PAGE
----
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|Abstract||Members of the Richardson and Farrar families of St. Joseph, Tensas Parish, La., included Henry B. Richardson (b. 1837?), surveyor, engineer, and Confederate general staff officer; Anna Farrar Richardson (fl. 1860-1876); Anna Mary Girault Farrar (fl. 1860-1876); Edgar Howard Farrar (1849-1922); and Jane Kempe (fl. 1860-1876), maternal relative. Richardson family materials chiefly relate to Henry B. Richardson and include his correspondence with his parents in New England about his surveying work in East Carroll and Tensas parishes, La., in 1861; the coming of the Civil War; and his participation in the war as a staff officer and as a prisoner of war at Johnson's Island, Ohio, 1864-1865. There is also an 1872 letter from Jubal A. Early, under whom Richardson served in the war, about the presidential campaign of that year. Topics discussed in Farrar family correspondence include social life; the coming of the Civil War (but not the war itself); the education of several Farrar boys at the Magruder School at Baton Rouge, La., and at the University of Virginia in Charlottesville; and two post-war vists by Jefferson and Varina Howell Davis.|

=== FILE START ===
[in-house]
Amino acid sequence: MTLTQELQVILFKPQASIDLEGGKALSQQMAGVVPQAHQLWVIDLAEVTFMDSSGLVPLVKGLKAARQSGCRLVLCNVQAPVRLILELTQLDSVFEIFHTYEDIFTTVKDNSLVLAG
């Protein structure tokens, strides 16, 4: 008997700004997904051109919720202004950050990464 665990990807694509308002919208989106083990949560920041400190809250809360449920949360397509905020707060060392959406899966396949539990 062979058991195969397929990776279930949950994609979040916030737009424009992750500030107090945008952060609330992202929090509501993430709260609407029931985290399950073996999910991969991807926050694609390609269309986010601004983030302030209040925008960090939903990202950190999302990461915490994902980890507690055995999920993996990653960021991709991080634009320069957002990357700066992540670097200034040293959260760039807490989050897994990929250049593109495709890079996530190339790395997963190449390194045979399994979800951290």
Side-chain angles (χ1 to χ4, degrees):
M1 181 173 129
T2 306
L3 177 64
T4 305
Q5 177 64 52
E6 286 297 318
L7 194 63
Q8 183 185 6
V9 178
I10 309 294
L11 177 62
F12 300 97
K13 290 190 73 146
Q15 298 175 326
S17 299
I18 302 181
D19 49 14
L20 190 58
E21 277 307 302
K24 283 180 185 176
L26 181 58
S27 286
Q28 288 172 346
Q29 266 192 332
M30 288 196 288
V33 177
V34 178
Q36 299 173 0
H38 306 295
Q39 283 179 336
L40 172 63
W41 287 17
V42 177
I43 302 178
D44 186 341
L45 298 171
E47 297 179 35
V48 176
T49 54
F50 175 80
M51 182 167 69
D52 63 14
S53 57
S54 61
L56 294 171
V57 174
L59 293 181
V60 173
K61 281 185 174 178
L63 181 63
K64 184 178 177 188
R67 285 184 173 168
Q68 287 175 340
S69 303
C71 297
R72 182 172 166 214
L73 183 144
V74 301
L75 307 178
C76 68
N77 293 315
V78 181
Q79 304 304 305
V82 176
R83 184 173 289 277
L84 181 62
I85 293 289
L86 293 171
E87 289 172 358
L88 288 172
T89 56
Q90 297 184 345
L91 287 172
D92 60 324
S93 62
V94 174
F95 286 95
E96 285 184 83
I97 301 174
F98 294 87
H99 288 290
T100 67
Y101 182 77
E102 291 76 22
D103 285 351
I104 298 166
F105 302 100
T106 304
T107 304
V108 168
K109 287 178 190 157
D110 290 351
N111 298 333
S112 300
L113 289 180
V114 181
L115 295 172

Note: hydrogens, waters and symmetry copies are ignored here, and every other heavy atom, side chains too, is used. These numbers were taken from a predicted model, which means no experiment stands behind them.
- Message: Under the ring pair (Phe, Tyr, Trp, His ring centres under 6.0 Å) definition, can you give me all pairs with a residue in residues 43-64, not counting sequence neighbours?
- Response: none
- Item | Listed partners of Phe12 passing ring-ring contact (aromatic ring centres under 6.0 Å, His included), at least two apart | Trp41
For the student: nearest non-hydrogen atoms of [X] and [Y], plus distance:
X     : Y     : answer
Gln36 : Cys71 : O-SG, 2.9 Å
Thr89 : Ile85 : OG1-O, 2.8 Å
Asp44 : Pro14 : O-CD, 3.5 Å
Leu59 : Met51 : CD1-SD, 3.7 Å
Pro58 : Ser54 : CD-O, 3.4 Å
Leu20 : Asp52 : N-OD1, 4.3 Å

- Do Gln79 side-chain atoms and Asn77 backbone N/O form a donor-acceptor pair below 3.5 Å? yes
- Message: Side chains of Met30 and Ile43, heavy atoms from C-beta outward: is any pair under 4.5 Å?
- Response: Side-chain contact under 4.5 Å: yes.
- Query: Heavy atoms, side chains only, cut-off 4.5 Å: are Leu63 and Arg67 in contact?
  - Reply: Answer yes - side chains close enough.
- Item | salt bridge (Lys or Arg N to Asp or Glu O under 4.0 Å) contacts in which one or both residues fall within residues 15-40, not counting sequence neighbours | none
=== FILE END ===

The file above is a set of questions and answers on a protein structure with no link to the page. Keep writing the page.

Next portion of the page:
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Judge Thomas Prince Farrar (fl. 1860) and Anna Mary Girault Farrar (fl. 1860-1876) of St. Joseph, Tensas Parish, La., had at least three children: Anna (Nannie or Nanny) Farrar (fl. 1860-1876), another daughter, and Edgar Howard (Ned) Farrar (1849-1922). Another person mentioned in family correspondence, Tom Farrar (fl. 1860-1876), was either a son or nephew. These four children were sent to boarding school in the 1860s. The name of the girls' school is unknown, but the boys attended Magruder's School in Baton Rouge, La. Edgar Howard Farrar attended the University of Virginia at Charlottesville from 1868 until his graduation in 1871. Tom Farrar entered the Virginia Military Institute at Lexington, Va., in the summer of 1871. A grandmother, Jane Kempe, is also mentioned in family correspondence. She was apparently a friend of Varina Howell Davis (1826-1906), Jefferson Davis's wife.
Henry B. Richardson (b. 1836?), a native of Maine, was the son of a minister, Henry Richardson (fl. 1861-1865). He relocated to Louisiana before the Civil War, probably in the late 1850s. As of 1860, he was surveying plantations in East Carroll and Tensas parishes. In 1861, he joined the 6th Louisiana Infantry Regiment and took part in the Virginia campaigns from Mannassas in 1861 to Gettysburg in 1863. He served on the staffs of generals Richard Taylor, Richard Ewell, Alexander Lawton, and Jubal Early. He was promoted to lieutenant and captain (Engineer Bureau) in 1862. Richardson was wounded at the Battle of Antietam, 17 September 1862, and at Gettysburg, 2 July 1863, where he was left on the field and captured. He was then sent as a prisoner of war to Johnson's Island, Ohio. After the war, he lived in St. Joseph, La., and married Anna Farrar. Their niece, Mary Farrar, daughter of Edgar Howard Farrar (1849-1922) married Joseph Goldberger (See #1641 JOSEPH GOLDBERGER PAPERS).Back to Top